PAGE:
A donation by Gilbert de Gaunt of the whole pasturage/grazing ground of Swaledale divided (set out?) below and measured on paper (mapped?) by the same Gilbert, from whom the same monk henceforth holds having been named, with the folds and lodges [faldis et logiis] of their animals and houses [domibus] of the brothers, servants and their animals, gardens [ortis], closes [clausaris] and all necessary/requisite to houses, fences, hearths, folds, lodges, and also their easement (access to) the forest of Swaledale. ”
This is fascinating because it seems to imply that there is housing – folds and lodges – of some sort – for animals, separate to the housing [domibus] for the lay brothers, servants and other animals.
We then had a look at the confirmation of the grant of lands in Swaledale which was issued during the reign of Edward III (1327-1377)
This is even more interesting because here the term ‘animalis‘ is replaced with the term ‘pecoribus‘ which our research tells us usually meant larger herd animals but not beasts of burden like horses or oxen so we are possibly looking at cattle, ‘faldas et logias pecoribus‘ may therefore mean ‘folds and houses for cattle’ rather than (or as well as) sheep which is what has been assumed up to now. There is also again the distinction between these, and the housing for the lay bothers, servants and their animals which we might assume are the nucleated farmsteads we still see today often with animal housing under the same roof as the farmhouse itself.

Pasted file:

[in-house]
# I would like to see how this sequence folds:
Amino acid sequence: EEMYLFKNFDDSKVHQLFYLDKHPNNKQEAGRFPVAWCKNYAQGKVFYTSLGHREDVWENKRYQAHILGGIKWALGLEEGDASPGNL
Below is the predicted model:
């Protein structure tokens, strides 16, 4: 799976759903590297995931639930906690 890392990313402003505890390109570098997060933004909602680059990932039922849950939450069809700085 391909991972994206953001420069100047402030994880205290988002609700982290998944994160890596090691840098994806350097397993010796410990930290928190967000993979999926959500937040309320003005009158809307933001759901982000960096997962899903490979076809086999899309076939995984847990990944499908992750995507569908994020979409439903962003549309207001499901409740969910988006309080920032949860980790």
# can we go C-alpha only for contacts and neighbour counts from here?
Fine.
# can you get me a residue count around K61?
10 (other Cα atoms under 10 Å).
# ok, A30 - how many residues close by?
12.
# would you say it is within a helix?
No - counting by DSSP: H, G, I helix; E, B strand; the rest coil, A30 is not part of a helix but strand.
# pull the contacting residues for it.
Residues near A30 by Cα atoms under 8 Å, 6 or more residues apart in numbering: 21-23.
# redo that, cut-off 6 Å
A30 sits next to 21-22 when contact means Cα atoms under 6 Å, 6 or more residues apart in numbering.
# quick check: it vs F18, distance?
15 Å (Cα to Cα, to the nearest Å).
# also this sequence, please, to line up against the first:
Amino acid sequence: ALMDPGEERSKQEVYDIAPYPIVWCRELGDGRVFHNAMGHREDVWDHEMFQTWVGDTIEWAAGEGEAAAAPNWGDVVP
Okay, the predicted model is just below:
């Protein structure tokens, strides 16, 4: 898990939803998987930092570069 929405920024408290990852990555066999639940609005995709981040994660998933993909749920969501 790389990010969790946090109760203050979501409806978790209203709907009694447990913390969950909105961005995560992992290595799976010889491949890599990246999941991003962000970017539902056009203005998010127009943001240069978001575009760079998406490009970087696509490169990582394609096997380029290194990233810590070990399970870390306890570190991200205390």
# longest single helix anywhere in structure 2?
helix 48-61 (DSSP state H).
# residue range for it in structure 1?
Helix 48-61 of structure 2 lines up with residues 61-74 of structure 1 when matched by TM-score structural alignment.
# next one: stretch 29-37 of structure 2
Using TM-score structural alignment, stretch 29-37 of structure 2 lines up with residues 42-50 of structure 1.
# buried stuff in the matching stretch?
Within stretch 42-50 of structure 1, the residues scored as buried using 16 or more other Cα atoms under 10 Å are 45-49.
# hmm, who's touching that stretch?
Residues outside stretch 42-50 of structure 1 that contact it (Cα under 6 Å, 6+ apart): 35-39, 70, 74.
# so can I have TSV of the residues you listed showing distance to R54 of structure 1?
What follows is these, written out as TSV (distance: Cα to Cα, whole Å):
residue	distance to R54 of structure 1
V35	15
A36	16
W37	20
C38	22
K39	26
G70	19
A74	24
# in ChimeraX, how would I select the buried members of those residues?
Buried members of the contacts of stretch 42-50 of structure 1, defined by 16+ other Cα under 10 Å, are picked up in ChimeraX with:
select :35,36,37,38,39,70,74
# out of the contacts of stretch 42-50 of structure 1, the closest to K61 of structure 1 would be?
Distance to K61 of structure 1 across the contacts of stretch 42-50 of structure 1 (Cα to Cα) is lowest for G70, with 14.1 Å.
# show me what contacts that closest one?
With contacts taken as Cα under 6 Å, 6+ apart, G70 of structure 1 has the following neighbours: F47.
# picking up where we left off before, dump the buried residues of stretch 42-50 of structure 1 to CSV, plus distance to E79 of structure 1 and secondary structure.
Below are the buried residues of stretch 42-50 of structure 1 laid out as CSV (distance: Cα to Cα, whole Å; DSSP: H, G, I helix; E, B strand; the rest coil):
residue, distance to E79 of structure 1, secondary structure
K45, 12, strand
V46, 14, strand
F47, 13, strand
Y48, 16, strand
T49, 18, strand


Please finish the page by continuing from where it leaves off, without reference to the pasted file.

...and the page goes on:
We’re now hunting for a Latin scholar who can check what we think we’ve discovered!
Many of our cowhouses lie in what are called ‘intake’ fields such as the one in this photo near Keld.
The name ‘intake’ has a particular meaning. It refers to land that has been literally ‘taken in’ from rough hillside pasture and moorland. It would have been drained, the largest stones picked off, mowed, spread with lime burnt in lime kilns on the hillside above and manured. Eventually, after a lot of hard work the coarse moorland grass, rushes and heather would have been replaced by sweet meadow grass and flowers. We think that the meadows on the opposite side of the dale at this point (where the main road and farm houses lie) were the first to be farmed. The intake fields on this side of the dale are later, turned into meadows maybe sometime in the late seventeenth or eighteenth century when using lime to improve pastures became widespread.
Chris Calvert’s uncle farmed these fields from Thorns across the valley. Chris remembers looking after cattle in these cowhouses when he was younger and why they are now mostly redundant.
“These off buildings, these cow’usses are very labour intensive. It was twice a day, every day but it was the only way to do it until people got modern buildings at home and the cattle wintered in those. And you had to bring the food to them at home as well. But now, I remember it very well, these cow’usses and wintertime with the cattle…that’s what they were designed for yes…Now, they’re all just in modern sheds in the yard, loose housing, bedded up with straw and like, silage in big round bale feeders… A lot of our cow’usses now just get used for storage, for example, storing fencing stakes, all sorts of bits and bobs that just need to be undercover and kept dry.” Chris Calvert (57) of Pry House farm